A few weeks back, I talked about conditioning children with ADHD to self-regulate their behaviour. One of the ways is to ‘appeal’ to them, letting them know that their behaviour is wrong while explaining why. How can we do that in a way that’s assertive but effective?
It’s all about trust
Children and teens with ADHD need to know that they can trust your words. They need to know that you can follow the boundaries that you have set. This means that you, the adult, will have to lead by example. Establish rules, set boundaries, and stick to them, especially when in the presence of your child/student. Also, be consistent about it. Show them that your advice is gold, and that they can trust your words. In this way, you’re also establishing social norms.
Likewise, you need to trust that your child can follow your instructions. Observe and quickly correct them should they veer from the beaten path. If you’re consistent, it will be easier to get future messages across to them.
Lay out the consequences
Every action has a consequence, and children need to understand that. Don’t take for granted that they will naturally know it. When your child gets out of hand (and children with ADHD frequently do when restless), explain the consequences of their actions. Let them understand the impact that negative actions will have on themselves and their surroundings.
If punishment must be carried out, make sure that it’s related to their actions. For example, if a child gets violent towards his peer, move him to a corner to cool down and self-reflect. Do not back down on your decision. Speak to the child afterwards to rationalise the mistakes of his actions, and the reason for the punishment.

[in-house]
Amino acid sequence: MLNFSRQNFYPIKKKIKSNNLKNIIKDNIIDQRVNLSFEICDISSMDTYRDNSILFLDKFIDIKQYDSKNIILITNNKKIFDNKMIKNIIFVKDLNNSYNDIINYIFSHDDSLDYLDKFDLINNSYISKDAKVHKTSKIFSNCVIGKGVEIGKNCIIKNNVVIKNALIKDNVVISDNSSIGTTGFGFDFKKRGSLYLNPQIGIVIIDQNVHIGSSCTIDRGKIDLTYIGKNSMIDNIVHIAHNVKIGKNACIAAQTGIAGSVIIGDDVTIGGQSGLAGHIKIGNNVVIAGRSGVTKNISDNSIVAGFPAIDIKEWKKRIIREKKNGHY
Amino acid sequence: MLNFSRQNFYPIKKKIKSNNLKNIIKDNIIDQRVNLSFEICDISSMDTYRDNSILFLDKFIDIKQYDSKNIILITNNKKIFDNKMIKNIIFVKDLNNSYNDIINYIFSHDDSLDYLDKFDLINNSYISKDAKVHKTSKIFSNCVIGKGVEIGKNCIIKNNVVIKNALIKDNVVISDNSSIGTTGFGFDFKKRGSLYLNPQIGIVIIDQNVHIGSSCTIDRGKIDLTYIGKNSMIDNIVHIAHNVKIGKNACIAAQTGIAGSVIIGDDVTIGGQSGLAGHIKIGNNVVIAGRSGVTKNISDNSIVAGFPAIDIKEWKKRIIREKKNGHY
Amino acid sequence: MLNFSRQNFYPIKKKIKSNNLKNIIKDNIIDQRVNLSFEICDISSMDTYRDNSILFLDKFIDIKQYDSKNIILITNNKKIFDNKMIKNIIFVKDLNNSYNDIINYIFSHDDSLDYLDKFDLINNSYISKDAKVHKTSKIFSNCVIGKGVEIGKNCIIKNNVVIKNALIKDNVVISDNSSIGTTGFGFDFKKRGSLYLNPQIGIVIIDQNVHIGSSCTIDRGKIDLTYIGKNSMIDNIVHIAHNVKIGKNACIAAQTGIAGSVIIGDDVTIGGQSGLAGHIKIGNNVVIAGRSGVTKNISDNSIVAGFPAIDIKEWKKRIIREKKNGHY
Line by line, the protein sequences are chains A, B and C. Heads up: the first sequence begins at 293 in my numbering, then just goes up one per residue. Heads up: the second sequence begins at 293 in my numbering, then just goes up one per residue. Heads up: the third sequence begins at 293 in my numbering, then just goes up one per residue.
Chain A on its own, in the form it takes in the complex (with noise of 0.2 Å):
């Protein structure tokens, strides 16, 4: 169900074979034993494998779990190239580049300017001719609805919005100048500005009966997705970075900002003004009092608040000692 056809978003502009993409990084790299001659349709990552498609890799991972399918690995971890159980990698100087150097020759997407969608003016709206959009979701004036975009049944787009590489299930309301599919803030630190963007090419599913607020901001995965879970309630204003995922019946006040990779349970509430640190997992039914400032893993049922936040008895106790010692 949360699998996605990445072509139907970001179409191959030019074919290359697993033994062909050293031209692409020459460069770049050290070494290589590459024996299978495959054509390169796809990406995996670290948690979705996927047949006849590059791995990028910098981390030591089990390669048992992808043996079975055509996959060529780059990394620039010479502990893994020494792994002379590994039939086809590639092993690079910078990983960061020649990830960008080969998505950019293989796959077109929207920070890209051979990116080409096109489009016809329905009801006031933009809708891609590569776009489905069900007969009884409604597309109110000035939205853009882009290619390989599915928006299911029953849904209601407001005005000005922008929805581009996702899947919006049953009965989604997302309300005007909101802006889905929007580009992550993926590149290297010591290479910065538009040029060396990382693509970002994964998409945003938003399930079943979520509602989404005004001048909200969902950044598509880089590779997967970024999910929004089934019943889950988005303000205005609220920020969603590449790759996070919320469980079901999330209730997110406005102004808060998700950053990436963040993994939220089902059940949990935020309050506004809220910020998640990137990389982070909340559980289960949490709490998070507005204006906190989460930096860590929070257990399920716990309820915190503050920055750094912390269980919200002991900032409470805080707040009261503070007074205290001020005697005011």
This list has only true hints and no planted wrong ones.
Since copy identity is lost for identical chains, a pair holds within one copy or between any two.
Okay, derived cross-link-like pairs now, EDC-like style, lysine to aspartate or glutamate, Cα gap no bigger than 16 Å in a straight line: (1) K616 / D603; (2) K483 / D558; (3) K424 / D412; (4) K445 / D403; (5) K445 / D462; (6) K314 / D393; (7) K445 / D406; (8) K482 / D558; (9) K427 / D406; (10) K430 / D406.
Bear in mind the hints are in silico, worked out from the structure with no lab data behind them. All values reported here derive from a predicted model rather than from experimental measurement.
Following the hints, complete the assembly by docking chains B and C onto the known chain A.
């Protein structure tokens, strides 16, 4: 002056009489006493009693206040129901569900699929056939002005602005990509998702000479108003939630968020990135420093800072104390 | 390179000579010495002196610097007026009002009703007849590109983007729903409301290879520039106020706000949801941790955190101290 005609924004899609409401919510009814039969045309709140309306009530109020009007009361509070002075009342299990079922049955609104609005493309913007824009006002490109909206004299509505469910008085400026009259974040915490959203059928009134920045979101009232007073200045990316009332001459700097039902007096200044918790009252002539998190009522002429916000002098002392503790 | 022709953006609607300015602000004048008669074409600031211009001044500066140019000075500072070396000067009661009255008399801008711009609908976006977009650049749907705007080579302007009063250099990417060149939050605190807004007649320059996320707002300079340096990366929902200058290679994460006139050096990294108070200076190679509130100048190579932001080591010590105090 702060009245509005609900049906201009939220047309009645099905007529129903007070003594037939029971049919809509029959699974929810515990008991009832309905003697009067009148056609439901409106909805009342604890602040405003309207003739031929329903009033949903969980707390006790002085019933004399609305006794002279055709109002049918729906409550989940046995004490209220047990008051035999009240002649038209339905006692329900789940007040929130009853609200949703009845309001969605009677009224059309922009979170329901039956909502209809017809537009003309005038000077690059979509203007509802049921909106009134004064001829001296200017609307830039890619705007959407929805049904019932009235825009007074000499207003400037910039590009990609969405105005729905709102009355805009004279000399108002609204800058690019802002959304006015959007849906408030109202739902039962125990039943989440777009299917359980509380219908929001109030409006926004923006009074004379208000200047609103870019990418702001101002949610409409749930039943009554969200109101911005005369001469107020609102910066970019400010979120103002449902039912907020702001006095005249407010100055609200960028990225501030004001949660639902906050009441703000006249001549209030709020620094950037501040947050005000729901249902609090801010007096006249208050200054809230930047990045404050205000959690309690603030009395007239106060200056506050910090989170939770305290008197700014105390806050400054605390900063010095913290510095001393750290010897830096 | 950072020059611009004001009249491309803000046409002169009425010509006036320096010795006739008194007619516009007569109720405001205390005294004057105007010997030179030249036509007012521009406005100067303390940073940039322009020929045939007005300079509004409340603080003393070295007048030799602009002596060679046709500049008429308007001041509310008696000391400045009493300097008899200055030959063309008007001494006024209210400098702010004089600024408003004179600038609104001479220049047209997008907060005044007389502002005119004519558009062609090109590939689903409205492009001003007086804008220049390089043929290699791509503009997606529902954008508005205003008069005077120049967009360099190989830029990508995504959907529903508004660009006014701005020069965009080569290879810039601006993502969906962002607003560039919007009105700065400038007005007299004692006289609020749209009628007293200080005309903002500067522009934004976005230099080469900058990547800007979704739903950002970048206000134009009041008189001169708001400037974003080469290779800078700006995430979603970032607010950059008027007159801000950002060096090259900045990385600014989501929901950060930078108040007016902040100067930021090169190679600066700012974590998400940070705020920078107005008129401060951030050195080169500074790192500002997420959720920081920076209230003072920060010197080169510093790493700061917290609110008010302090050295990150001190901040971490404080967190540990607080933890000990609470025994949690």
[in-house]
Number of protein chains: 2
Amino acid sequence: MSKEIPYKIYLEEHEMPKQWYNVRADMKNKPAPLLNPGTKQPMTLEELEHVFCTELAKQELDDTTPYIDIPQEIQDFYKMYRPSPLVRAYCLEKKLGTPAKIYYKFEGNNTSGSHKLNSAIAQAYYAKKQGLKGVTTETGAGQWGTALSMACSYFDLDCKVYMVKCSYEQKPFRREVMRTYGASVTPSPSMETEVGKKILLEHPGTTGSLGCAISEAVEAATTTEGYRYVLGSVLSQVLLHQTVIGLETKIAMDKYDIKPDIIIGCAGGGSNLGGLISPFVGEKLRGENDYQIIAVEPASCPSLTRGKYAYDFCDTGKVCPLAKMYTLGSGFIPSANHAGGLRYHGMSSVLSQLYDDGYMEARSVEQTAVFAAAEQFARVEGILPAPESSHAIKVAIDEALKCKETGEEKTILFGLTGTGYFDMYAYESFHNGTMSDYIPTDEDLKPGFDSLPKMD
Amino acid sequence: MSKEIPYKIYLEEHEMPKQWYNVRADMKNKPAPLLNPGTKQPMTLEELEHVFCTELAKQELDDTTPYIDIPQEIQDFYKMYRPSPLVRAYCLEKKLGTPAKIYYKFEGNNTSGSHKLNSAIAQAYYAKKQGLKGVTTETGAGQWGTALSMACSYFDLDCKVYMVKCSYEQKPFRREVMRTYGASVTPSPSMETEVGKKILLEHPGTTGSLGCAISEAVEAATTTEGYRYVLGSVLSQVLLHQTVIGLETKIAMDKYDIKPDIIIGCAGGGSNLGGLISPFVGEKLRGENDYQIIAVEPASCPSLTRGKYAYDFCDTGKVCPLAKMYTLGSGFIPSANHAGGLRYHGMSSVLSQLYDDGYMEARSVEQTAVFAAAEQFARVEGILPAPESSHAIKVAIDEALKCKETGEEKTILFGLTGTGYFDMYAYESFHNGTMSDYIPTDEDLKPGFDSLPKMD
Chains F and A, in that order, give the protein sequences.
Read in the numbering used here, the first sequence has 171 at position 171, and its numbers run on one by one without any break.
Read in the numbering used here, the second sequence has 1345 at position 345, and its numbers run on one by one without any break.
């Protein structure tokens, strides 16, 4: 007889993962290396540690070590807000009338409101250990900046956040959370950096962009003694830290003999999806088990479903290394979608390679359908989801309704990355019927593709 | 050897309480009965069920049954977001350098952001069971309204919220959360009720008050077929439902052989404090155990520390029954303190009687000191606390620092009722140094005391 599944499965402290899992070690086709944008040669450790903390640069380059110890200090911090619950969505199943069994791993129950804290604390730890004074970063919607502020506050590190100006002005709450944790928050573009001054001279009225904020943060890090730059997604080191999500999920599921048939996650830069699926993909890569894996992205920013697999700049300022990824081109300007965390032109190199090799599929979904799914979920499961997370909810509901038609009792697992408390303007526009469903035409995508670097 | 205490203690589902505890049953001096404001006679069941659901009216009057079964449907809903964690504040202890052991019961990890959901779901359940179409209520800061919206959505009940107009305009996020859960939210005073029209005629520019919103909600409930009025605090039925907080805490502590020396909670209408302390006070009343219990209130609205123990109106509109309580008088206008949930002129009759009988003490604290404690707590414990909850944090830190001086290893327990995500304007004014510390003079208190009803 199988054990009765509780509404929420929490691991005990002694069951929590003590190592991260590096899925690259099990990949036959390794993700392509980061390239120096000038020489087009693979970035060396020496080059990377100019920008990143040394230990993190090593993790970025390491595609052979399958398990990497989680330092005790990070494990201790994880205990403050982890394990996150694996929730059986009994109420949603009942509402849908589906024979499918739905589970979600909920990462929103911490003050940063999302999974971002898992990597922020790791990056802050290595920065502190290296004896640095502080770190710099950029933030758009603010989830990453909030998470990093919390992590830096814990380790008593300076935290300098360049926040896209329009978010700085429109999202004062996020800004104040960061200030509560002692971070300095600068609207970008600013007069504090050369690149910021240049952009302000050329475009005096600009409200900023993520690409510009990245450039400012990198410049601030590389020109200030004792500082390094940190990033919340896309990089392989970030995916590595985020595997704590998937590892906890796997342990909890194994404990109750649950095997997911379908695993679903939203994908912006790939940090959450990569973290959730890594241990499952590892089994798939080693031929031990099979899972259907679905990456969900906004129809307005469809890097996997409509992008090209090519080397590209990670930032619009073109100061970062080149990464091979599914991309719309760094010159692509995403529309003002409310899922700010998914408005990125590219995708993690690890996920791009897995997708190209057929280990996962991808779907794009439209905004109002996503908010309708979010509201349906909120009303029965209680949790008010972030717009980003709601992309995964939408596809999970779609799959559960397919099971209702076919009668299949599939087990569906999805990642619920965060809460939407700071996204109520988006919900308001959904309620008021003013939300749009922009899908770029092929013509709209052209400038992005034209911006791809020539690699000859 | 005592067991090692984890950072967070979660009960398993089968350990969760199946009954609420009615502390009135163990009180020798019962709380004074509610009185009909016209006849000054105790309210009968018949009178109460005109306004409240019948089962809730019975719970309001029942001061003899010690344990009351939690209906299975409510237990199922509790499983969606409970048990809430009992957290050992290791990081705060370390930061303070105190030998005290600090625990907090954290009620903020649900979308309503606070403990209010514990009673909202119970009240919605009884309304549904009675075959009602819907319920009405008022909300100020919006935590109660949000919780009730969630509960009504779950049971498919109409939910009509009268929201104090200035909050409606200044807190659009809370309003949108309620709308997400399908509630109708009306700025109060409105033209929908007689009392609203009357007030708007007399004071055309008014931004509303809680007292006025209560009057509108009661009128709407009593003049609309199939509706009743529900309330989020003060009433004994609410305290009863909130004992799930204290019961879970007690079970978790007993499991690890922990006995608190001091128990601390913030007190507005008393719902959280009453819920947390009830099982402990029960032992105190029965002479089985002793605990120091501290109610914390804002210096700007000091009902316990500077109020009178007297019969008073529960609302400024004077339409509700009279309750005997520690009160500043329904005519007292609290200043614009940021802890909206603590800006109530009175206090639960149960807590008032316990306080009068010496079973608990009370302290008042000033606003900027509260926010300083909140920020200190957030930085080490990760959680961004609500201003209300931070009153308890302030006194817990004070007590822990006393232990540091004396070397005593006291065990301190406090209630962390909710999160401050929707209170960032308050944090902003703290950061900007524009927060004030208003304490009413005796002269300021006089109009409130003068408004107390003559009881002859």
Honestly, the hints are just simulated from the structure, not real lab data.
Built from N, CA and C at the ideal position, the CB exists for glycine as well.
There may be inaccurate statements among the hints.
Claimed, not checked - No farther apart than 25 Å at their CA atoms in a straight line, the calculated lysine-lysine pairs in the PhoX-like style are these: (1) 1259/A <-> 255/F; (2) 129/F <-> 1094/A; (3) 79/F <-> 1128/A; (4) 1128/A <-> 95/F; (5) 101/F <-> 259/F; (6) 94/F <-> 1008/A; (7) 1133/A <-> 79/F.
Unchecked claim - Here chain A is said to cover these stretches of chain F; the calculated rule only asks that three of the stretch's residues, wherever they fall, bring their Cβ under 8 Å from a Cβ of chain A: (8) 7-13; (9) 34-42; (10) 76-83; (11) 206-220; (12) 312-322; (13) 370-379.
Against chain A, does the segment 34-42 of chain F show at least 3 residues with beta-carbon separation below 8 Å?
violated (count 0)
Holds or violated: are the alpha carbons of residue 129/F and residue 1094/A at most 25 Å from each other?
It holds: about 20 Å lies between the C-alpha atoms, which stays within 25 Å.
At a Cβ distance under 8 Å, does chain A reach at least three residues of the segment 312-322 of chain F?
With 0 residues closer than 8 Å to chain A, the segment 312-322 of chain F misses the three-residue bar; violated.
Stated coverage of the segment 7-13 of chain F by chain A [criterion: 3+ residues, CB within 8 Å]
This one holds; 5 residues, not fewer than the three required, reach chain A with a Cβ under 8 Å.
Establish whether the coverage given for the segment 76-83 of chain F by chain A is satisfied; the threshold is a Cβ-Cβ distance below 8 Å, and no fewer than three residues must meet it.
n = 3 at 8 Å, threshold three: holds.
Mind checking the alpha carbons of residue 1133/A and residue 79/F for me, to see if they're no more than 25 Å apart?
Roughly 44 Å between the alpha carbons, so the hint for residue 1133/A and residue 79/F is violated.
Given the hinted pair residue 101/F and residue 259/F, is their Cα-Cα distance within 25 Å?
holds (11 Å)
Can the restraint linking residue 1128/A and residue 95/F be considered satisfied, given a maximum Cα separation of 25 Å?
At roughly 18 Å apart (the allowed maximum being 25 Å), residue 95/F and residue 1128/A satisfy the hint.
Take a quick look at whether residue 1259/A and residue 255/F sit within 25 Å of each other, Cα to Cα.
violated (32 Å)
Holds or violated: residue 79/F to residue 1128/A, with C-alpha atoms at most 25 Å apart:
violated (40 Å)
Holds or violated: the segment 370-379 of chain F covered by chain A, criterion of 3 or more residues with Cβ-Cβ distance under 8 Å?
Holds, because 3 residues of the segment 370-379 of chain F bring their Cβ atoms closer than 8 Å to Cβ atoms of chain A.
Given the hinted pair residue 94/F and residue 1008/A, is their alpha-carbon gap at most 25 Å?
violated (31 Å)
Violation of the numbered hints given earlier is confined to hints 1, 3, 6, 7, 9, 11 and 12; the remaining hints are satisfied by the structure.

Offer a solution
If you have a close relationship with the child, or if the child’s caregivers are comfortable, see if you can work with him/her to develop a solution. Often, students with ADHD give in to their impulses, dealing with their problems emotionally. By sitting down with them when they’re calm(er), they will be more willing to listen and take responsibility for their own actions.
I once had a student who was really impulsive. He went through years of counselling in secondary school, but nothing seemed to work. With his guardian’s permission, we sat down, rationalised his actions, and laid out an action plan for him. It wasn’t 100% effective, but he was thankful for the options. In his own words (and yes, I’m quoting mostly verbatim, minus sensitive details), he said on WhatsApp, “Mr Shaun, thanks for helping me find the answer. It’s not easy for me to think of an answer to my problem, but when you talk to me about it, it becomes easier.”
Help students with ADHD understand themselves better
Appealing to students with ADHD isn’t only about trying to get through to them. It’s also about building trust and getting them to take responsibility for their own actions. Children are constantly trying to make sense of the world around them, and those with ADHD are no different. Believe in your child’s ability to rationalise their actions, and they will learn to trust your guidance too.